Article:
Commentary: PGMA's lifting of import tariffs on wheat and cement beneficial to consumers
By Renee F. De Guzman
San Fernando City, La Union (21 November) -- The recent order of President Arroyo to scrap import duties on wheat and cement even if its just temporary is a very appropriate and timely move amid hard times.
To consumers and the general public who have long been complaining of the unstable rising of prices of bread, poultry products and even cement, these government intervention is a very welcome respite.
Earlier, the government urged the flour millers and cement manufacturers to lower their prices in the face of sliding oil prices and wheat price in the global market. But this was unheeded as arguments were given especially by the cement industry which the government was unconvinced.
As President Arroyo explained when she signed on November 7 Executive Order 65 "Temporarily Modifying the Rates of Import Duty on Wheat Under Section 104 of the Tariff and Customs Code (TCC) of 1978 (Presidential Decree No. 1464), and Executive Order 766 "Temporarily Modifying the Rates of Import Duty on Cement and Cement Clinker Under Section 104 of Tariff and Customs Code of 1978", the government wants to ensure the stable prices of bread and other foods and help lower the cost of construction projects.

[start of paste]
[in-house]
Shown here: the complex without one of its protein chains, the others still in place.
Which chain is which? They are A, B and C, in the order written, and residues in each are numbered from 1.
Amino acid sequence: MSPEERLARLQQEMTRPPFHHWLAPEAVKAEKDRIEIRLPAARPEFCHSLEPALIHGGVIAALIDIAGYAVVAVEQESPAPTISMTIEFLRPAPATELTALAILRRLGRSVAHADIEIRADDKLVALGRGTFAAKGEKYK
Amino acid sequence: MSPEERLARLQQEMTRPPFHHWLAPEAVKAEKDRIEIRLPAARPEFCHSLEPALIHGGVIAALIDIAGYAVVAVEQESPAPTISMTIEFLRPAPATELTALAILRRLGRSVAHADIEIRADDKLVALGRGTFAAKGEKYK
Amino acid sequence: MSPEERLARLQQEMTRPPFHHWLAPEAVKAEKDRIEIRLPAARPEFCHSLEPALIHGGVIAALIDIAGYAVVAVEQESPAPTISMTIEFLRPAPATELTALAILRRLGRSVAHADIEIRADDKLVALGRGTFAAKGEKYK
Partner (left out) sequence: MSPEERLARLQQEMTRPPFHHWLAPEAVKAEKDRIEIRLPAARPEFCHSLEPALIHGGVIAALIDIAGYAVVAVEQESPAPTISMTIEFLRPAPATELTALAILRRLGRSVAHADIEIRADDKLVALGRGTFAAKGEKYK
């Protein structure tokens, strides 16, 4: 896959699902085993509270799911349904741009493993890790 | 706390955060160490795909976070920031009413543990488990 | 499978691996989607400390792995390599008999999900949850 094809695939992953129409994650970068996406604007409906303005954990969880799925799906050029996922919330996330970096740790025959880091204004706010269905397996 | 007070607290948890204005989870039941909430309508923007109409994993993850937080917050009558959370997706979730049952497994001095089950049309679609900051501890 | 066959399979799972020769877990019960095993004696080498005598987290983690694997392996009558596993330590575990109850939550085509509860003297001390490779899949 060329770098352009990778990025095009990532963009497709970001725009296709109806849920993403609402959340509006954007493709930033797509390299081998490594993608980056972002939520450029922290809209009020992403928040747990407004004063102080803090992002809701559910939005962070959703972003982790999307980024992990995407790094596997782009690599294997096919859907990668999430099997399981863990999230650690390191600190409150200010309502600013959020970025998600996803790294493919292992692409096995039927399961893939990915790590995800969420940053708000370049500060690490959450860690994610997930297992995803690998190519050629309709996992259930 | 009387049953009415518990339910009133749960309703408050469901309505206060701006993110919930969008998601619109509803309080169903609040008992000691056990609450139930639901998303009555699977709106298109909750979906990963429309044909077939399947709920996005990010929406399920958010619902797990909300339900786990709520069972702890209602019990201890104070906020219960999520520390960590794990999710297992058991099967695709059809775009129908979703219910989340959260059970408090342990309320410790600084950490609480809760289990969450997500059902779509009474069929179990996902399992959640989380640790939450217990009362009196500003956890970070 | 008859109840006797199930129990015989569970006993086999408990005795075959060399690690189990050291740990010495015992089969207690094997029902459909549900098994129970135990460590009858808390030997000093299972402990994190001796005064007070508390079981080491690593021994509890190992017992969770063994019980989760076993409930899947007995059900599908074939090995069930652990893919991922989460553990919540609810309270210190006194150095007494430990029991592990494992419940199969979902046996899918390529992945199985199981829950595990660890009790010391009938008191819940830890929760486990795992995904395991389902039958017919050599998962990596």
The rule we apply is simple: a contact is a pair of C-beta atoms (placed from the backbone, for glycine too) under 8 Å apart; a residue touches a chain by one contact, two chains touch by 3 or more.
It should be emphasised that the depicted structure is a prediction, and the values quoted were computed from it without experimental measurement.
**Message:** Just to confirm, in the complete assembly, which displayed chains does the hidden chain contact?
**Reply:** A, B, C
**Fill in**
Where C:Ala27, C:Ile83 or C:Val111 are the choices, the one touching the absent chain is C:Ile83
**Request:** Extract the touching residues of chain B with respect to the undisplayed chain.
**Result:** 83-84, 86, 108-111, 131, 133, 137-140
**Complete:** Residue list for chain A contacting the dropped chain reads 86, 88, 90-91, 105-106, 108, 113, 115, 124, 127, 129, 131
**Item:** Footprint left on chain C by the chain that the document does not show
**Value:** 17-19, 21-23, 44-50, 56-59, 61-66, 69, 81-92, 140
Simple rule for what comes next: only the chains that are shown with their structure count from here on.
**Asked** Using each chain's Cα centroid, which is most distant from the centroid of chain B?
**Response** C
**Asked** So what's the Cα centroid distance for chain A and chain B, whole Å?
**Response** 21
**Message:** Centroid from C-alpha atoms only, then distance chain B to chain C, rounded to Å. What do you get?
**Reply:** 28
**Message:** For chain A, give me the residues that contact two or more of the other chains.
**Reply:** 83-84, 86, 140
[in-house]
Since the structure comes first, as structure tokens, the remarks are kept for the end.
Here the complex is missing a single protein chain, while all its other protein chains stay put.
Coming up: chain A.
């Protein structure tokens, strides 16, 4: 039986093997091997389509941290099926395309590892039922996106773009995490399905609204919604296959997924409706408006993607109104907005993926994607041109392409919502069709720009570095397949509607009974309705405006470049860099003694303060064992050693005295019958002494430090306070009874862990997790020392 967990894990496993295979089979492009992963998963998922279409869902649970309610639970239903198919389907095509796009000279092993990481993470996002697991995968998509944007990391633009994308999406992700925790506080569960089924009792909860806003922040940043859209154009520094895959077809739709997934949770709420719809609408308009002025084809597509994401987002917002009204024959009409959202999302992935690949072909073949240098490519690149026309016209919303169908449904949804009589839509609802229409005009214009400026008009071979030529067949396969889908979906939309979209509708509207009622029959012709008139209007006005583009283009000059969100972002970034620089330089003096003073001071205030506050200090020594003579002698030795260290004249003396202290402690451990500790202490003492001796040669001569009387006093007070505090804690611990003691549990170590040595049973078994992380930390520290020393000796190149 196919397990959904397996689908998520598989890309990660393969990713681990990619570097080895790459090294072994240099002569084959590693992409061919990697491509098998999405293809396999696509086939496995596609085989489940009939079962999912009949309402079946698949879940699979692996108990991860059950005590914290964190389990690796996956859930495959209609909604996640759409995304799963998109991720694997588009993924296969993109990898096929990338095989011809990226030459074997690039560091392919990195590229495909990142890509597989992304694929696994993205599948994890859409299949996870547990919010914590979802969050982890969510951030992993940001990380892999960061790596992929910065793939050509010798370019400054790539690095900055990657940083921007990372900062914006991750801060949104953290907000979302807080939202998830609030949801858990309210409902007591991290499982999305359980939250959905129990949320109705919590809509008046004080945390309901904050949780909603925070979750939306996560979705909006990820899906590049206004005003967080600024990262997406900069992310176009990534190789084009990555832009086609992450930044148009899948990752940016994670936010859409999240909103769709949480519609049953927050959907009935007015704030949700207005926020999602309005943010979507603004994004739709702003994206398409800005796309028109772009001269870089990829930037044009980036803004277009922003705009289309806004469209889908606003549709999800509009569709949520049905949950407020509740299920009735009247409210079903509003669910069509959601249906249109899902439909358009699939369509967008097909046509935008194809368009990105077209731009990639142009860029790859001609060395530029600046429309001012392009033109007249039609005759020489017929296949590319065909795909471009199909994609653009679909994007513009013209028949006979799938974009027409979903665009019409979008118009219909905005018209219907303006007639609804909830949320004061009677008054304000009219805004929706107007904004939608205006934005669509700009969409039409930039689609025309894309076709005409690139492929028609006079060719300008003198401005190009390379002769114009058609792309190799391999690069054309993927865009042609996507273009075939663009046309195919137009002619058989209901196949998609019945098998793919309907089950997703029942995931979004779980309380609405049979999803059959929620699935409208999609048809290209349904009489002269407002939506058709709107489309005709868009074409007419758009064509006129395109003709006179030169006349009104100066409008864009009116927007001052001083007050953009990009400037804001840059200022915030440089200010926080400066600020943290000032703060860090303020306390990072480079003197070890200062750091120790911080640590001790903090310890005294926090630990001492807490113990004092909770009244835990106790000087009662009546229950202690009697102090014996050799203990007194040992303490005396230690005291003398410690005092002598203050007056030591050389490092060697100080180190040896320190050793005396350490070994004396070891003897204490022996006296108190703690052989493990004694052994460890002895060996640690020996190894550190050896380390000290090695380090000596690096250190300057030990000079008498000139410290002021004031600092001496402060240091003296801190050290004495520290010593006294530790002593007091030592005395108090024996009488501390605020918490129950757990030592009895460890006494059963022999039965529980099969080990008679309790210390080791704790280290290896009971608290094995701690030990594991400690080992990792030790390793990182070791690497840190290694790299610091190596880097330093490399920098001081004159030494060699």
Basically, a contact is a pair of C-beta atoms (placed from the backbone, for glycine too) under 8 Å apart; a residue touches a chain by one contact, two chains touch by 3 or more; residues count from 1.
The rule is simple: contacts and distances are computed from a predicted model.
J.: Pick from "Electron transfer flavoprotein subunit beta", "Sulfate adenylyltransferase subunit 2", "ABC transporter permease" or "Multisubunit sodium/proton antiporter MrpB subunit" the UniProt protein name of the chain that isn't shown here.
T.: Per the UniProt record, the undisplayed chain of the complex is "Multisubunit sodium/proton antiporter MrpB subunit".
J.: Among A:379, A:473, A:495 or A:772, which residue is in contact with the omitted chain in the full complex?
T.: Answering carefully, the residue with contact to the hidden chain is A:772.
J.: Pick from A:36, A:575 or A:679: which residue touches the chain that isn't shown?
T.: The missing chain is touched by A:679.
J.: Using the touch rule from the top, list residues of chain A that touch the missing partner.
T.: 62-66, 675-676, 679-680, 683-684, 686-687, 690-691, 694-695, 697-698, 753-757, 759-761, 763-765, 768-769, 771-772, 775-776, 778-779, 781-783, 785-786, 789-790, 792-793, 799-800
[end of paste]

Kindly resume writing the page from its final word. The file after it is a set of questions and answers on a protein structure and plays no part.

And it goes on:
On the part of the government there is a need to ensure the stability of prices and adequate supply of cement to boost its infrastructure programs including low cost and mass housing projects and private construction projects.
The tariff on wheat and cement products will be reduced to zero 30 days after the EOs are published in newspapers and will be in effect for six months.
Trade Secretary Peter Favila said that the EOs would be reviewed after six months.
The President said in her order that a "reduction on tariff on food wheat would help stabilize the price of bread and other baked food products."
"A reduction on tariff on feed wheat help lower the cost of feed ingredients and keep the prices of poultry and livestock stable", she said.
She added that setting the rate on food and feed wheat at the same levels would help prevent technical smuggling.
EO 705 will also be subjected to the Most-Favored Nation (MFN) rate of import duty in accordance with the current schedules.
Current tariff on food wheat is five percent for ASEAN nations and seven percent for non-ASEAN economies. Feed wheat tariff is at seven percent for countries with MFN status.
In a related move, the Philippine Association of Flour Millers (PAFMIL) assured the public that they will be selling cheap loaf bread, for the whole month of December in the outlets to be determined by the DTI.
To avoid the dumping in the country of sub-standard cement from other countries as a result of the lifting of the import duty on cement the DTI is also setting up safety measures. (PIA La Union) [top]